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Mayara Magri & Nicol Edmonds

Artists, The Royal Ballet

interviewed by David Bain

Bloomsbury Central Baptist Church,
London, 4 September 2013.

AFTER WELCOMING MAYARA and Nicol, David Bain asked them how they started dancing. ‘Little Mayara’ started ballet when she was eight years old. She went to a ballet school as part of a social project in Rio de Janeiro with her sisters. She auditioned, and things started from there. She has one older sister, and one younger sister, and they all started together. She also started ballet because it was something her friends did. Their parents never danced themselves. Mayara decided she wanted to pursue ballet, although it happened slowly. Whilst on the dance project, Mayara studied ballet and contemporary dance as well as other styles. She also had good directors and teachers. Mayara received Russian ballet training in Brazil. The training at school was ‘always very hard.’ It was a round of class, performing and travelling round Brazil. Mayara was dancing in pointe shoes at ten years old. She was pushed a lot, but loves performing, and ‘I still love it.’ She had a full timetable, doing her studies form 6am to 1pm, followed by ballet from 2 to 8pm with all the rehearsals and everything. This was aged eight. Her studies included the history of dance.

 Nicol ‘hated ballet with a passion’ initially, but grew to love it when he was 14 or 15 as his body grew.

Nicol went to ordinary school until he was 16. He did tap and modern dance aged seven, as his mother wondered if he had ‘maybe too much energy.’ He started doing ballet when he was eleven, more to build his strength. He started dancing lessons in a church hall, which he did for four years. He initially wanted to go into musical theatre. Nicol ‘hated ballet with a passion’ initially, but grew to love it when he was 14 or 15 as his body grew. He also realised it held more potential for him. Until Nicol was 16, he went to one ballet class a week, as well as doing some tap and modern dance. He then auditioned for ENB School, Central, The Royal Ballet School and Elmhurst. He was initially upset when the other schools said ‘no,’ but Elmhurst was the school that accepted him, so he went there for three years. Mary Goodhew was the director when he started. It was Nicol’s first time in a city, and being in ‘this crazy ballet world,’ and it was a big shock. There was one other student from a state school, along with former students from White Lodge, Scottish Ballet School and Tring at Elmhurst. Nicol found it unsettling and unnerving at first. He felt he was very behind during the first term, but ‘you just get on with it,’ and do anything to get over those hurdles. Elmhurst gave Nicol an opportunity and believed in him where the other schools didn’t. He hadn’t found regular school very enjoyable, and found it ‘liberating’ to be at a ballet school as he could express himself. He still did his A levels. Desmond Kelly took over at Elmhurst during Nicol’s second year. The Royal Ballet School had its own style. Elmhurst didn’t have that so much at first, but Desmond gave it more of an identity. Melissa Hamilton was two years ahead of him.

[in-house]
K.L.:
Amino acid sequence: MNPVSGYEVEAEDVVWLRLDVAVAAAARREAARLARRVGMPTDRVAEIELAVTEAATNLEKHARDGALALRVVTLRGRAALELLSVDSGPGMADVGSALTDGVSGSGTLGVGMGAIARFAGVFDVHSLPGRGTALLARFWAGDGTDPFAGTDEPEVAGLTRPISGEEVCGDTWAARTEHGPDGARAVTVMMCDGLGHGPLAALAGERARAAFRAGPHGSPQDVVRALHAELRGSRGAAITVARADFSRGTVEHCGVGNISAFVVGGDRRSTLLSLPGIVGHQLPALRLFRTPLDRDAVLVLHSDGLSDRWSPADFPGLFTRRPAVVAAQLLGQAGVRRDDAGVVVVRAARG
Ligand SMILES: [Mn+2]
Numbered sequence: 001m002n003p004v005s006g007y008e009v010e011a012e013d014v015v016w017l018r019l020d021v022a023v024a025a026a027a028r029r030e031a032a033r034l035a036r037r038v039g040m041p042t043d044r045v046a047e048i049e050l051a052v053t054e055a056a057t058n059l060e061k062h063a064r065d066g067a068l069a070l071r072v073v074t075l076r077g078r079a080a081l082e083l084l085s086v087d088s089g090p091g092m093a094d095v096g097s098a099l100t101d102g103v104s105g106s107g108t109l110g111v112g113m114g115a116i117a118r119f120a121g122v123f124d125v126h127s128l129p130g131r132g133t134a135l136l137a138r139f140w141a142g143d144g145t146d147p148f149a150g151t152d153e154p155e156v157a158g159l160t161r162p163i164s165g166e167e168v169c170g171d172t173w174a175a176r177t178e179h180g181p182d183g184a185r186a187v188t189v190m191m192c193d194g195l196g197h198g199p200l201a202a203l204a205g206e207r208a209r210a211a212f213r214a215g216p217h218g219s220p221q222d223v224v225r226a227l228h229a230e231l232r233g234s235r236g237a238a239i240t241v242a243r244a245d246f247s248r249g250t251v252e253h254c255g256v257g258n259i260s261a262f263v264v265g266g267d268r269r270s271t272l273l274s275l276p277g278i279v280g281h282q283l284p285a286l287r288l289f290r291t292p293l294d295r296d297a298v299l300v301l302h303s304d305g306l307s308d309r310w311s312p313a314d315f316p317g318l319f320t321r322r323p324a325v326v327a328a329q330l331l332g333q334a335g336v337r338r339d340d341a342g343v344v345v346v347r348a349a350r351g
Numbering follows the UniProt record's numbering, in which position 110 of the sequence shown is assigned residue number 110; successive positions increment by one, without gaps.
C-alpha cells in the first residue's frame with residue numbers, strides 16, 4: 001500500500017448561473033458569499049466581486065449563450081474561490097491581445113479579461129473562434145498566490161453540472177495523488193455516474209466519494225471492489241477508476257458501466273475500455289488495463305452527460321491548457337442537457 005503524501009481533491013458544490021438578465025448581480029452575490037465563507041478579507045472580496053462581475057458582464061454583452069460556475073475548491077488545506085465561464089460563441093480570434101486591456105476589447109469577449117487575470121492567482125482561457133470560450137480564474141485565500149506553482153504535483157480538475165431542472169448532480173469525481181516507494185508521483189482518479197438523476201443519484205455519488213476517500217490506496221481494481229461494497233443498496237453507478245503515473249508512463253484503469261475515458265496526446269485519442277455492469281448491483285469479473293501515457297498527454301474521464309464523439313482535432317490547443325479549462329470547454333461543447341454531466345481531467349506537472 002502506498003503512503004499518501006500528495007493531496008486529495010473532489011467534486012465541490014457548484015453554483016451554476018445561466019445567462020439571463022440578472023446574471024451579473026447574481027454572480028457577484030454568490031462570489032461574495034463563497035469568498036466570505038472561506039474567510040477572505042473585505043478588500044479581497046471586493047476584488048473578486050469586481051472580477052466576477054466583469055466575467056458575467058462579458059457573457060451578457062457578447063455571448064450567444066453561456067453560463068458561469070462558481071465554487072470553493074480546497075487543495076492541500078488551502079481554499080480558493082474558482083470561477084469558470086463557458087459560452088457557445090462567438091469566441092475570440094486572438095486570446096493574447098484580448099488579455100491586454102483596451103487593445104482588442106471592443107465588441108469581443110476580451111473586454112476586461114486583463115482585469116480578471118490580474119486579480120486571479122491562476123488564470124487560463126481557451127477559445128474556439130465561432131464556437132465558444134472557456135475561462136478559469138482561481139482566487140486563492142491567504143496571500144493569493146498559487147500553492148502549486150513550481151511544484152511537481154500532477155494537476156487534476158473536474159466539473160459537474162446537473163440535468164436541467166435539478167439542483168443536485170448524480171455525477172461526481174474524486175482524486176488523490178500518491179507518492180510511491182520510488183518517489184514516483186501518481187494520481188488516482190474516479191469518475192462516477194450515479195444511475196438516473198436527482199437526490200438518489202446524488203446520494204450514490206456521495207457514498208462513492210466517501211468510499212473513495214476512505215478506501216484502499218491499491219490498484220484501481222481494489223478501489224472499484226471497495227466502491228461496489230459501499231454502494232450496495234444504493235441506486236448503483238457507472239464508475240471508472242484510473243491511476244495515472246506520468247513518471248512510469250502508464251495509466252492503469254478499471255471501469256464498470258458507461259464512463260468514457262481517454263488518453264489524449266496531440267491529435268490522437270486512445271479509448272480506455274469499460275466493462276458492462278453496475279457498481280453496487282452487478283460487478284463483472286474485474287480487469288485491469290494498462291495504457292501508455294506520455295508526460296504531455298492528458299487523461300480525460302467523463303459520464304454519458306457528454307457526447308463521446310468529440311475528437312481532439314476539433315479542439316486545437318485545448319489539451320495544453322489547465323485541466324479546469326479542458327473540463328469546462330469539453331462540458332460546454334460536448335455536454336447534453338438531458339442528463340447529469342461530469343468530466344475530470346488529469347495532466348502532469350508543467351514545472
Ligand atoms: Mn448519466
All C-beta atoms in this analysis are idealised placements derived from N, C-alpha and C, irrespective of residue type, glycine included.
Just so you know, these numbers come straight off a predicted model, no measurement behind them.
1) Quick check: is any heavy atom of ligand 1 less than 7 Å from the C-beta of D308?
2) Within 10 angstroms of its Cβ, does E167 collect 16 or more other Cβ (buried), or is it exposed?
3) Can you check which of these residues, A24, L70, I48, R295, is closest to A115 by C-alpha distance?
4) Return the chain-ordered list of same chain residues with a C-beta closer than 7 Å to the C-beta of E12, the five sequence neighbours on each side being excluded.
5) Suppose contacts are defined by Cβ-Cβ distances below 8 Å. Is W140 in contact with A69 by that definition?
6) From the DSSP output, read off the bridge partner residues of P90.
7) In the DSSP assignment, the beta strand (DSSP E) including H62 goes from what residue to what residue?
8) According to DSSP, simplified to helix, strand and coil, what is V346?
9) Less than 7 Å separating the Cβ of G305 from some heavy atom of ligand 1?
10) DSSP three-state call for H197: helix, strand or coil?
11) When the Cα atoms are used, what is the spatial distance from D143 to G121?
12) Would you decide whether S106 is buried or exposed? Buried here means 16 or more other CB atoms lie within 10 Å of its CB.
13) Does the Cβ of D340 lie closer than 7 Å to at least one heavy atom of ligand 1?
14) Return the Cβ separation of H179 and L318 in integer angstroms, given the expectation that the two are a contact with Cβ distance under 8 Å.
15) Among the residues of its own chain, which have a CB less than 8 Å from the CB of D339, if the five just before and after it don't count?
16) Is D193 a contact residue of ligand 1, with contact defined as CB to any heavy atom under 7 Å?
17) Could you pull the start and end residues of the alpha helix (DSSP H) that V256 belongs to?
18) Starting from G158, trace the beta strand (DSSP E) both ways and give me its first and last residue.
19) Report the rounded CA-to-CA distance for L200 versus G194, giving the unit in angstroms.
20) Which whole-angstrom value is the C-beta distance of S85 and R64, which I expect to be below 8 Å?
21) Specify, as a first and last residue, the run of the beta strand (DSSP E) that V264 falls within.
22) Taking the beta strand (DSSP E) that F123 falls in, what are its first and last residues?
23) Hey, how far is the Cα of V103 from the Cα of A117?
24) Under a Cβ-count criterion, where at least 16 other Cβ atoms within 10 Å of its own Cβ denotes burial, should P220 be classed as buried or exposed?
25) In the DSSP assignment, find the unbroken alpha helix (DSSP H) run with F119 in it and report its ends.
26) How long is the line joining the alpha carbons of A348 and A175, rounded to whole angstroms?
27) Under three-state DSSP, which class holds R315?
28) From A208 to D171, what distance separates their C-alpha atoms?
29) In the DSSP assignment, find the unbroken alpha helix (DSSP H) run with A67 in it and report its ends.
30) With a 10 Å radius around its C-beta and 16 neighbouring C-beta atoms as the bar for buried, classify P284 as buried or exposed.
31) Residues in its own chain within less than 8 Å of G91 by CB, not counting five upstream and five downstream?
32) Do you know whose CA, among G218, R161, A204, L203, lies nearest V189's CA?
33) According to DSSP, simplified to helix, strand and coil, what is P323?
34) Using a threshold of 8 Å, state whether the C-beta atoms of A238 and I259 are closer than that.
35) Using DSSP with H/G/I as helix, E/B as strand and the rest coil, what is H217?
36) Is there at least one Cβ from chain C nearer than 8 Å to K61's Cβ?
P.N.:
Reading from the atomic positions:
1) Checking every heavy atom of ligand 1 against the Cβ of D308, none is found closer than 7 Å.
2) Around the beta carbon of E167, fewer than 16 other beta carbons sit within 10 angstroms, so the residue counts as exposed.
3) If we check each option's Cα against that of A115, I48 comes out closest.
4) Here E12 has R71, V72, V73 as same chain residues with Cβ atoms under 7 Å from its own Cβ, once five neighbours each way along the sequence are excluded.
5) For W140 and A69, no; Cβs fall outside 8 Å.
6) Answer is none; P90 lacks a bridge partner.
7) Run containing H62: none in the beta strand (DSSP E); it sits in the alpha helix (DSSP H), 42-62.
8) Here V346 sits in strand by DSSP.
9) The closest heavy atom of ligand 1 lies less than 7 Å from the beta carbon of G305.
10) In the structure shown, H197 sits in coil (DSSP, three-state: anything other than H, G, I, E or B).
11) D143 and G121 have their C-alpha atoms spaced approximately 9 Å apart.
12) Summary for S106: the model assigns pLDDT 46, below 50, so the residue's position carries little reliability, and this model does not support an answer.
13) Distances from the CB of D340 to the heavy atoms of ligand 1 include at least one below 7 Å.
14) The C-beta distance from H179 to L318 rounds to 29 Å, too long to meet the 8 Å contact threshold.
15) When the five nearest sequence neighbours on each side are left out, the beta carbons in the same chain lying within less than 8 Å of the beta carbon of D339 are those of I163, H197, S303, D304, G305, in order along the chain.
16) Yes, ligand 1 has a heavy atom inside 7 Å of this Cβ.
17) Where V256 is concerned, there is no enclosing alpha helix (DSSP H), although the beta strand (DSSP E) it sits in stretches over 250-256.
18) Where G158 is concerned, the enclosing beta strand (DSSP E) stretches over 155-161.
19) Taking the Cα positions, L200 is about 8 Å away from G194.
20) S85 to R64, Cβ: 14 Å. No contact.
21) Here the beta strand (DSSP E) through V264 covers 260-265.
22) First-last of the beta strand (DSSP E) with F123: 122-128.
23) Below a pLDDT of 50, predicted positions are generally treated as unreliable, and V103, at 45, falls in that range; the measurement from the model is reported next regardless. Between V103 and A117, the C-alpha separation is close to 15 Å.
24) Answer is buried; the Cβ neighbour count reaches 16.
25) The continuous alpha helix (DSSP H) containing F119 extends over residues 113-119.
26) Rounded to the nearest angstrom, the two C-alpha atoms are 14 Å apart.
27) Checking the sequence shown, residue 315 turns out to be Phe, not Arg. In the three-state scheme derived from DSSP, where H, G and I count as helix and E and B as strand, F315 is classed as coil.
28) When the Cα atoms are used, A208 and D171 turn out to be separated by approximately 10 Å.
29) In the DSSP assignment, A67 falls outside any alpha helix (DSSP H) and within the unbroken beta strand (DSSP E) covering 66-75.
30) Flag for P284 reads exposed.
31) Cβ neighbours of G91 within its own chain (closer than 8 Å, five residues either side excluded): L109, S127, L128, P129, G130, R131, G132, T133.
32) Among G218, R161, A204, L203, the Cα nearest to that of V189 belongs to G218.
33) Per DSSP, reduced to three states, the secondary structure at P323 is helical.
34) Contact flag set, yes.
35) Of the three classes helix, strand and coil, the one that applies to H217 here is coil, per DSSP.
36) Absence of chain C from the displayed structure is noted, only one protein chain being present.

Aged 14, Mayara’s roles included the cupid solo from Don Quixote, the Bluebird Pas de deux, Diana and Actaeon pas de deux, and a pas de deux from Swan Lake. ‘It was crazy.’ When she was 15, Mayara danced Giselle. Was it any good? ‘Yeah, I think so.’ Mayara’s older sister is now an engineer, and her younger sister is in the graduate year at Stuttgart Ballet School. Mayara did various competitions. She did her first one in Cuba when she was 14. It involved three weeks of courses and classes, and was ‘an amazing experience.’ She saw the passion of the dancers, who ‘really wanted to do it. They do it for life.’ It was ‘much more than I knew in Brazil,’ and it gave her more of an international vision. Mayara also did the Youth America Grand Prix and the Prix de Lausanne when she was 16 in 2011. She went straight after winning a competition in Brazil. It was her first time in Europe, and she had to get used to the way things worked. She wanted to listen, and ‘learn what they teach you.’

Mayara won the gold medal and the audience award. Her teachers and directors were so proud of her.

Teachers included Monique Loudières and Patrick Dupont. Mayara performed a solo from Coppélia as well as a contemporary piece by Cathy Marston. Mayara won the gold medal and the audience award. Her teachers and directors were so proud of her. There was also so much to think about, such as the rake of the stage. She won a scholarship. She was given the choice of where to go, so decided upon the Royal Ballet School, which is where she had wanted to go since she was 15. Gailene Stock was extremely interested in Mayara. She remembers watching the DVD of Darcey Bussell in La Bayadère several times. Mayara found London to be a big change. She had more time to think. It was also very different to the Russian training she was used to, but spent the year getting to know her body better. Her teachers included Nicola Tranah and Gary Norman. ‘They taught me a lot.’ With Russian training, you are working towards the end result for the stage. Mayara found English training very placed, with a focus on alignment and shape. It felt like she was taking a step back and learning again, without losing what she already had.